This same friend brought up the emerging market of sexually objectifying men on posters and in advertisements our junior year of college, and I argued my point - with various pictures of Johnny Depp and Orlando Bloom and my poster of Josh Hartnett (I never said I wasn't hypocritical) - that just because women are starting to do it too in greater numbers doesn't mean that it's right. That it is equally wrong to do turn men into sexual objects as it is to turn women into sexual objects. But right there? I missed my winning argument completely (even if it wouldn't have been the argument that won him over), the argument I would have felt strong and confident in making, because what I should have said is that men and women aren't treated equally, aren't seen as equals, aren't valued in the same ways in the same spaces. And yes, men shouldn't be reduced to muscular arms and flat, tan stomachs and shouldn't begin to enter the world of debasement women have been living in for such a long time, that reaching equality at the lowest common denominator is no way to reach equality. But that men - white men, I should specify - are still generally seen first and foremost as people. Therefore, being reduced to an object is still a terrible thing, but its cultural impact is not the same if the same image is with a woman. Because, as much as I wish all things were equal, women are still primarily seen as bodies first. It is a function of not being seen or treated as equals, the differing levels of impact. A ubiquitousness of semi-nude guys on posters is a problem, partially because it turns the guy into an object and partially because it creates a negative body image for many men and can lead to eating disorders, which is never good. But women are still generally reduced to objects for consumption. The most important thing isn't whether or not the woman in question is good at X,Y or Z. It is whether or not she is attractive. Take, for instance, Jessica Lange - who's arms are too flabby for the San Francisco Chronicle. This isn't something that was said of, say, Philip Seymour Hoffman, was it? I don't think so. Meanwhile, Peter Bart of Variety compares two female directors by saying,
Jane Campion, 55, made a quintessentially romantic picture in “Bright Star,” but in person she is cerebral, somewhat severe, leans toward post-hippie attire and seems perplexed by the rigors of the award circuit. Kathryn Bigelow, 57, is tall, model thin, a one-time art student whose gracious manner belies her proclivity for tense, even violent films – “The Hurt Locker” is her contender.
As Melissa Silverstein of Women & Hollywood (who gets a h/t for this) asks, "Would anyone EVER think to write this about a male director?" I'm guessing, "no". I'm guessing, and it may be a stretch, that when the nominated (or in the running for being nominated) male directors are compared, their looks and attire aren't really given much thought and weight. And that's where the big deal lies. Because although the trite phrase is "clothes make the man", clothes - and looks - define the woman. Are there men whose looks (and weight) are criticized? Yes. Are there women who are generally left alone about their looks? I don't know of any off of the top of my head, but I'm sure there must be. However. The exception of a few men who have to deal with this shit and the few women who don't doesn't disprove the rule. And the rule is, women have to deal with more shit when it comes to people policing their bodies.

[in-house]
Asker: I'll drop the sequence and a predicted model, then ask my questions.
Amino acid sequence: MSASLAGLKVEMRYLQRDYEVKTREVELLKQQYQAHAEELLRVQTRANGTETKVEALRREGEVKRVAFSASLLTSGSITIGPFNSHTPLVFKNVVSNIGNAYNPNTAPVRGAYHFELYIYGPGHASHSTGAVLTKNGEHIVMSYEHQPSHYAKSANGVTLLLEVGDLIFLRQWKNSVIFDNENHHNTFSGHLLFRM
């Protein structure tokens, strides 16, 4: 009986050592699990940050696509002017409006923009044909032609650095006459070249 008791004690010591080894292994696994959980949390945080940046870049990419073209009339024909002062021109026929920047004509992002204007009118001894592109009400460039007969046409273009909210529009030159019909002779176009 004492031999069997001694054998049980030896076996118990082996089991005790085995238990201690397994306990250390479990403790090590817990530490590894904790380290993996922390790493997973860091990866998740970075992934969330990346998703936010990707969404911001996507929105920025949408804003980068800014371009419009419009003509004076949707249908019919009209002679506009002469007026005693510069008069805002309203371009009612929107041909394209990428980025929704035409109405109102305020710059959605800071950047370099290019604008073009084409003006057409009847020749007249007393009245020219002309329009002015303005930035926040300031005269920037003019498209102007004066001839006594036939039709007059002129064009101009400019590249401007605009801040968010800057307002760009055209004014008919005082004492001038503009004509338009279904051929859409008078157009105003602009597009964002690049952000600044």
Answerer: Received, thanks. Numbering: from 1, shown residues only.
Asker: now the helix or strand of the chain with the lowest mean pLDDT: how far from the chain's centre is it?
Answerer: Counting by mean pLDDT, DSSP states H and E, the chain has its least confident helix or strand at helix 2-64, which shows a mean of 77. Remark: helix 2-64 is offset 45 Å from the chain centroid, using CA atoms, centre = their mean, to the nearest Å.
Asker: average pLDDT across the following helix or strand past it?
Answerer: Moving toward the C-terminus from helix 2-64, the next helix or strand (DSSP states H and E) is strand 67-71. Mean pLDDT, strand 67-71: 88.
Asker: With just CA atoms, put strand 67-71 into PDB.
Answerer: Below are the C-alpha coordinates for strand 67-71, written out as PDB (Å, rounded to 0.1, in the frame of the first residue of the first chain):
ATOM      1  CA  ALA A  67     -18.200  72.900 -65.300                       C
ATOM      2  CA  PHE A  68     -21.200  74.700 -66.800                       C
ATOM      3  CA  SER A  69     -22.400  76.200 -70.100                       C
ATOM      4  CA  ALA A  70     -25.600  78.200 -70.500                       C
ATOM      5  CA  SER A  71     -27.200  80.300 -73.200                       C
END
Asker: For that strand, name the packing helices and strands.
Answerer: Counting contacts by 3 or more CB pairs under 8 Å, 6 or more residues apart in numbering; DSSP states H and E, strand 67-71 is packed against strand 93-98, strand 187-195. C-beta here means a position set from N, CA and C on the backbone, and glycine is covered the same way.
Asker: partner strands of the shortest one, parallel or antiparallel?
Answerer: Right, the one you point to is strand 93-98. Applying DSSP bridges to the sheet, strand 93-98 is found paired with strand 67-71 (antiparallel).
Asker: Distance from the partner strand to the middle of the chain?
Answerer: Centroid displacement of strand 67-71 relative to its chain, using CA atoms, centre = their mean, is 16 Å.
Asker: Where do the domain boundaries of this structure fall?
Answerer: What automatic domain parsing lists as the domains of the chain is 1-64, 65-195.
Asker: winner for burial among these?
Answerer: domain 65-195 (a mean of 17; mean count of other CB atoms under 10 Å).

Which brings us back to street harassment. My friend's report seems to be looking at conventional harassment - like what I do when I constantly pull him out of the line up to spark a huge blog post. It probably gets to the point of harassment at times. Street harassment is the little "hey baby"s women get throughout the day. The wolf whistles, the "Where's your boyfriend at?"s the "Smile"s, and on and on and on. Cat calling. I read the report, and didn't see any indication this kind of "low level" harassment is included in the numbers. But. Suppose it were. Suppose men have to deal with women groping their crotches on the subway and asking where their girlfriends are on the street, or shouting out, "Damn, honey, you're looking good" when they're wearing their grimiest clothing because they're just running out to pick up a pizza. Even with that being equal, men still have more power, both physical and in terms of their place in society. Thea Lim explains it incredibly well in the comments on the Racialicious piece I linked above, saying,
It’s like any number of racial slurs that white folks call POCs – there is no racial slur for white folks that is an equivalent. Because white folks are the dominant culture, and the point of a slur is to “put people in their place.” If your place is top of the food chain, nothing that a person below you says can cause the same hurt, as you can cause to them.
On its most basic level, what street harassment from men to women does is remind women of their place. It reminds them that – as Ndidi so eloquently pointed out – you can be an accomplished, intelligent and complex person, but to the world at large women are only valued based on their eff-ability.
I teach freshmen and had a problem with a student who persisted in making approving comments of the way I dressed. I spoke to several different people about this, and almost all the men I spoke to said something along the lines of “Tell him it’s flattering but inappropriate.”
They all assumed that any woman must be flattered to be told she is attractive.